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City, Activists Work to Improve Lack of Diversity within WBPD

WILKES-BARRE, LUZERNE COUNTY (WBRE/WYOU) - Officer Robert Collins works hard to clean up the crime on the city's streets. He is a nine-year veteran of the Wilkes-Barre Police Department. When he's not patrolling the neighborhoods, he's at the intermodal center, making sure commuters are safe.

When pressed, Collins admits he has led the police department in the number of arrests for several years.

"Being from this area, I can spot crime...and I'm good at it," said Officer Collins.

Hesays the positives of the job include making a difference in the community, but there are challenges. Being the only African-American officer on the force often has drawbacks.

"I draw criticism from my own ethnicity. It's hard," Collins said. "We need more diversity here, meaning people of color, women, Spanish-speaking people, because the demographics in Wilkes-Barre are changing. It's crucial so we can relate to people," said Collins.

Ron Felton is the Eastern Sectional Director for the NAACP Pennsylvania State Conference. He explains the lack of diversity is partly because minorities aren't getting the encouragement needed to take the civil service exam. He believes some minorities either aren't aware of the tests or they fear failure. Felton says outreach efforts are currently underway to spread word about an upcoming exam. He says more minorities in the police department would bring positive changes to the city.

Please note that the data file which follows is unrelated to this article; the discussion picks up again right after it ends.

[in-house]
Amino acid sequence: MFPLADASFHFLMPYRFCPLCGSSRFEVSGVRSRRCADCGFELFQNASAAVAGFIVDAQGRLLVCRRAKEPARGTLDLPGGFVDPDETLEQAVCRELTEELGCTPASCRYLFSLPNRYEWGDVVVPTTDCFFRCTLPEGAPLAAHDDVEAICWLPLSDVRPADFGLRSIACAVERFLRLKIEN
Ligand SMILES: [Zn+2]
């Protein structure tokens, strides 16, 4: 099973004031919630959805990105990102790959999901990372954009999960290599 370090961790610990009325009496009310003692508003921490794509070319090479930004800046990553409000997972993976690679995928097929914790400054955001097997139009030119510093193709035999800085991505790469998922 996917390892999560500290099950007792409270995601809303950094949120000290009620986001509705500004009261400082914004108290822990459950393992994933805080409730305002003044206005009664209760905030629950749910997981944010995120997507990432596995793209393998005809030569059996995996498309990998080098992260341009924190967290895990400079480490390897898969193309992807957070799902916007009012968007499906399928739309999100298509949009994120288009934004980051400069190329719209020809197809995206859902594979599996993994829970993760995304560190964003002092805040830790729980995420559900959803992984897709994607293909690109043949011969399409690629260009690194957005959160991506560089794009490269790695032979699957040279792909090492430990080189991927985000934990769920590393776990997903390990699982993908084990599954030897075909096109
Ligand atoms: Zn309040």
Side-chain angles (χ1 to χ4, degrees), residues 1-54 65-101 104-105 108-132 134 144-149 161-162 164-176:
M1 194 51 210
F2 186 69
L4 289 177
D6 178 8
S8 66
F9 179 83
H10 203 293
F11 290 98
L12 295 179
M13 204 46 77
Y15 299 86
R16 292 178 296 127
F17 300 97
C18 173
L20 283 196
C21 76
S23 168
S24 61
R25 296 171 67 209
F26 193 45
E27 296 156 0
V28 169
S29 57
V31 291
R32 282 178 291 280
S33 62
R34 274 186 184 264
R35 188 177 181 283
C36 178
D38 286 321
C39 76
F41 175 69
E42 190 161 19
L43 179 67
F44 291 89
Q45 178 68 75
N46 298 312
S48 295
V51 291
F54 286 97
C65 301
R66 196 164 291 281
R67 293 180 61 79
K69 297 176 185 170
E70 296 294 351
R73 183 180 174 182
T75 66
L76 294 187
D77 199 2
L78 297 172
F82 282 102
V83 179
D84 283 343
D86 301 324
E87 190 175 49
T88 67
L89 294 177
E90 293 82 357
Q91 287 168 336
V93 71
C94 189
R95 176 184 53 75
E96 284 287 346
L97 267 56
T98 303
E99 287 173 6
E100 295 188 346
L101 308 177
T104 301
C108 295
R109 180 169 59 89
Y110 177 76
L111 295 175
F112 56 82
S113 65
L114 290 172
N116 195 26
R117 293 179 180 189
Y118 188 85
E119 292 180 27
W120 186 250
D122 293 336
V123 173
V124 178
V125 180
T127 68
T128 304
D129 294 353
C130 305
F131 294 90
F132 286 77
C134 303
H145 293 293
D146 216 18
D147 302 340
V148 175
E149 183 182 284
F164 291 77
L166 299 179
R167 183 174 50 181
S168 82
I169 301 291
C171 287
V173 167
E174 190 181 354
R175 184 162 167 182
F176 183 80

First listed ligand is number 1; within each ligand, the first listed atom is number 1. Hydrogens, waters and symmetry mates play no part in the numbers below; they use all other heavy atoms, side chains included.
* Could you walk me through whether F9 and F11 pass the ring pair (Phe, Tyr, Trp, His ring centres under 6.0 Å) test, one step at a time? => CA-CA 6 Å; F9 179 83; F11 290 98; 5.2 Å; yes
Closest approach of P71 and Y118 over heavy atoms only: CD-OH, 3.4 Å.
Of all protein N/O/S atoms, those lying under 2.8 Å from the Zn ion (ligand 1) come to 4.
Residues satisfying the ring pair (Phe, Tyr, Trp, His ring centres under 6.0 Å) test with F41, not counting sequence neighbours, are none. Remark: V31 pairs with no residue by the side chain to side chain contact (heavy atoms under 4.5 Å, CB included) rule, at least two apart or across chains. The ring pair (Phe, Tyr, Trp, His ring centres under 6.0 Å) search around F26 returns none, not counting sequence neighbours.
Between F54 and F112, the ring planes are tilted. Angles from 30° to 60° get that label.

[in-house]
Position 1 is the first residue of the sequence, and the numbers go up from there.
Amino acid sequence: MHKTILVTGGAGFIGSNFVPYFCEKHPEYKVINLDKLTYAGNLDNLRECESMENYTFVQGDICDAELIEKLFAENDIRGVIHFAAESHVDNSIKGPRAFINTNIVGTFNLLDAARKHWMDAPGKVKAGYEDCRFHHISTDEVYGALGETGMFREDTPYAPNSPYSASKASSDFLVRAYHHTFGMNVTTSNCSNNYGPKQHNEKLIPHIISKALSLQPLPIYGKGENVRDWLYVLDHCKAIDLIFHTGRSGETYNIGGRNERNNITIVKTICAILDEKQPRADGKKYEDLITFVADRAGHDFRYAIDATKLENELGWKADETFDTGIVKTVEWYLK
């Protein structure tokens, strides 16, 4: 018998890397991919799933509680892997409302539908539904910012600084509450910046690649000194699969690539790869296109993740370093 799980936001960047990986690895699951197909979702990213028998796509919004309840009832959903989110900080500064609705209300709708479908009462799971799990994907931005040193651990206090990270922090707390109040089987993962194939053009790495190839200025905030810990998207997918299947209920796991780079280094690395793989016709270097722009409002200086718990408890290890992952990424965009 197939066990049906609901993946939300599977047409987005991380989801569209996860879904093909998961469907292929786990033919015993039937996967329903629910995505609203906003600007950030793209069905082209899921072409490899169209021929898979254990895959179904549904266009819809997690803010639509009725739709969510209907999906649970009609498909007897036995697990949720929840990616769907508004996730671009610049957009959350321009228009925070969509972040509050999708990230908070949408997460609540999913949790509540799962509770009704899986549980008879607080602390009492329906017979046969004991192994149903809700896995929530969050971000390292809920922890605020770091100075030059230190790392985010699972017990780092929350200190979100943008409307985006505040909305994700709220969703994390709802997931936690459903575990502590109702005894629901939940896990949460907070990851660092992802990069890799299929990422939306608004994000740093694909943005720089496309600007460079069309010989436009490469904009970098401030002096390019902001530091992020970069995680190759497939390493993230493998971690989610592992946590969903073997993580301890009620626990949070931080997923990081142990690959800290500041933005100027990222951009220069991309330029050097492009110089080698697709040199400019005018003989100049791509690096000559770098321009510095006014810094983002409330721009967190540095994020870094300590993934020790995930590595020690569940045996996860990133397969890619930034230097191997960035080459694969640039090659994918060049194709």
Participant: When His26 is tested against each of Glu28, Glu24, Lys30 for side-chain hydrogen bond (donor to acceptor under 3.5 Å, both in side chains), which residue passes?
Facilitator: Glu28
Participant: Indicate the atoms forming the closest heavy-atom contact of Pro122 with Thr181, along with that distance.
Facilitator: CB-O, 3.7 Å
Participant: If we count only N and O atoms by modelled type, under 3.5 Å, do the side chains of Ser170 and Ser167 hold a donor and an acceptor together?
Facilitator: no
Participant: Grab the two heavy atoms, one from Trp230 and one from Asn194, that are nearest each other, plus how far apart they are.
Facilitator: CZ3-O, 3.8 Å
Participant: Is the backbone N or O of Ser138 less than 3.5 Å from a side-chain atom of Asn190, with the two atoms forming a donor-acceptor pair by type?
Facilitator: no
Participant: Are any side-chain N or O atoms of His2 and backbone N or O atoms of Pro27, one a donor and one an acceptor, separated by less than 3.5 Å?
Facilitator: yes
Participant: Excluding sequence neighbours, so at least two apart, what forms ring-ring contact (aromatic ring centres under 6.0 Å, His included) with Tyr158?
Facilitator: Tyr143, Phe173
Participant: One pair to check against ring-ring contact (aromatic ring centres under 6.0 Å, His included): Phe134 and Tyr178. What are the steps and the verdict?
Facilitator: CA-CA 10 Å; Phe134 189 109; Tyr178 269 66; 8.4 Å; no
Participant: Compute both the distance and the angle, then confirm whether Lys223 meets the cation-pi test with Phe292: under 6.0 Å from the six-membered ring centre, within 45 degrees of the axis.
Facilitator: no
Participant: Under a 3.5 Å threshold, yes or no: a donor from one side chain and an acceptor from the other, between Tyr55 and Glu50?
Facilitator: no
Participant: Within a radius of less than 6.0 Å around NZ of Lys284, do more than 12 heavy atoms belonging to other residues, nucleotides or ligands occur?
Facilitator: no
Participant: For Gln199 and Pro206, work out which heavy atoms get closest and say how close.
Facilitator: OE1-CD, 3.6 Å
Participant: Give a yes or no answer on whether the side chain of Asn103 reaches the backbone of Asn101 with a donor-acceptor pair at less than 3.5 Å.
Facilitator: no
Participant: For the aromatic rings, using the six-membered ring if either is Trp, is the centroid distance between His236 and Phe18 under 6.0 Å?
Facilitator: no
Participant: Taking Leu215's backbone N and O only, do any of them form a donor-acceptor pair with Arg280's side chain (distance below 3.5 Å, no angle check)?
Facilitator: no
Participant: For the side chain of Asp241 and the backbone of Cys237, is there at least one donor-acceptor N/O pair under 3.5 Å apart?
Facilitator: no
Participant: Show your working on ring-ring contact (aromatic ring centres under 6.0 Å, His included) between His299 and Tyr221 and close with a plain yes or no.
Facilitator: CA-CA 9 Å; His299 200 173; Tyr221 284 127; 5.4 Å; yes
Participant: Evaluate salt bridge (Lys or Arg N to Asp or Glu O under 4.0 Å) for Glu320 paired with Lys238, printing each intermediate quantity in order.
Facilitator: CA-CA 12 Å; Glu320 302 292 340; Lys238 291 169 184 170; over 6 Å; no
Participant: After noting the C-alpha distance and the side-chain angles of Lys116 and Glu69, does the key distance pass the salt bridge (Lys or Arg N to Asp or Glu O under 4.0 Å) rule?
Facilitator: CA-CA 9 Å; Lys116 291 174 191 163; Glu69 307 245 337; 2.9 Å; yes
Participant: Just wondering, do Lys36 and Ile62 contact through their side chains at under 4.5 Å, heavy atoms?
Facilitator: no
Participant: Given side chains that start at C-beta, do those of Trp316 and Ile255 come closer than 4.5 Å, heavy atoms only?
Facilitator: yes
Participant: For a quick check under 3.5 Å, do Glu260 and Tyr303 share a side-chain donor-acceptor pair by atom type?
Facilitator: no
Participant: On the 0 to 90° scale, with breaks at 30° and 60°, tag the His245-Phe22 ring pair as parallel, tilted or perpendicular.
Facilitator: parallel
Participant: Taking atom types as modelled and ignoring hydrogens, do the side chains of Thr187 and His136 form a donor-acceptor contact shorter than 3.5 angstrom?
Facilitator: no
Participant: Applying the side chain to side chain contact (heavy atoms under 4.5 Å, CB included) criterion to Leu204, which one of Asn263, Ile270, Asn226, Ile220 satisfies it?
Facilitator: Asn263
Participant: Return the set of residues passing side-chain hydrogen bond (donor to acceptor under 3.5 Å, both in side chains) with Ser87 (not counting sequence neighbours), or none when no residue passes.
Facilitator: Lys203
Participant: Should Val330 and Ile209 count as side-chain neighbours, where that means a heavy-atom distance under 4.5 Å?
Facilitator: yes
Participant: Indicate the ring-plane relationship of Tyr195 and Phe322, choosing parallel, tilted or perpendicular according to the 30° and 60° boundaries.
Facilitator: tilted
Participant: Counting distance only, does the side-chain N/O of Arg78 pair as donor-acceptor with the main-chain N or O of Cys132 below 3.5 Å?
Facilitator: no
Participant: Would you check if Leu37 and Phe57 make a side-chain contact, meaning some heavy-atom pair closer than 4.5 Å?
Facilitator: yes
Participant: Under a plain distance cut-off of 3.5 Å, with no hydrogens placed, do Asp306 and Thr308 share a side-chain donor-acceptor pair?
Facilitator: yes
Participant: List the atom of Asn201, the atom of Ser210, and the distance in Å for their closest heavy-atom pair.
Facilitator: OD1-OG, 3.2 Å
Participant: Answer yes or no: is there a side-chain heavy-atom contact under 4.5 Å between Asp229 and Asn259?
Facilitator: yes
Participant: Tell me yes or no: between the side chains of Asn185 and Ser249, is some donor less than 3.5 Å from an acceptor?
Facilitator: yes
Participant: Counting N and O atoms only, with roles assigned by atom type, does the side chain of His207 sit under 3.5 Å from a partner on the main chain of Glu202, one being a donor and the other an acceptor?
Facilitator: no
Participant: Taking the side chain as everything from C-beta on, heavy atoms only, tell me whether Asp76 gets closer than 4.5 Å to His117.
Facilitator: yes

"They can contribute to the conversation, they can help expose some elements without racial profiling," said Felton.

Mayor Tony George was once the chief of the Wilkes-Barre Police Department. He also believes the lack of diversity is due in part to minorities not passing the exam.

He says he's recently reached out to key community leaders, including members of the NAACP, to offer a course at MT. Zion Baptist Church.

"We'll get the study guide. We'll go over the study guide. We will get a practice test and go over the practice test," said Mayor George.

It's not just a race issue. Of the 83 members on the force today, there are just three women. That's why it was so exciting for community members when one of those women - Marcella Lendacky - made history as the first female chief.

"We're a diverse community and we should represent all people. That is my goal," said Mayor George.

Officer Collins says when he joined the force, there were only three minorities. He says he hopes he can improve diversity by inspiring others to take the exams and apply to be an officer.

"Hopefully they will look at me and get encouraged," said Collins.

For a link to a civil service application, click here.


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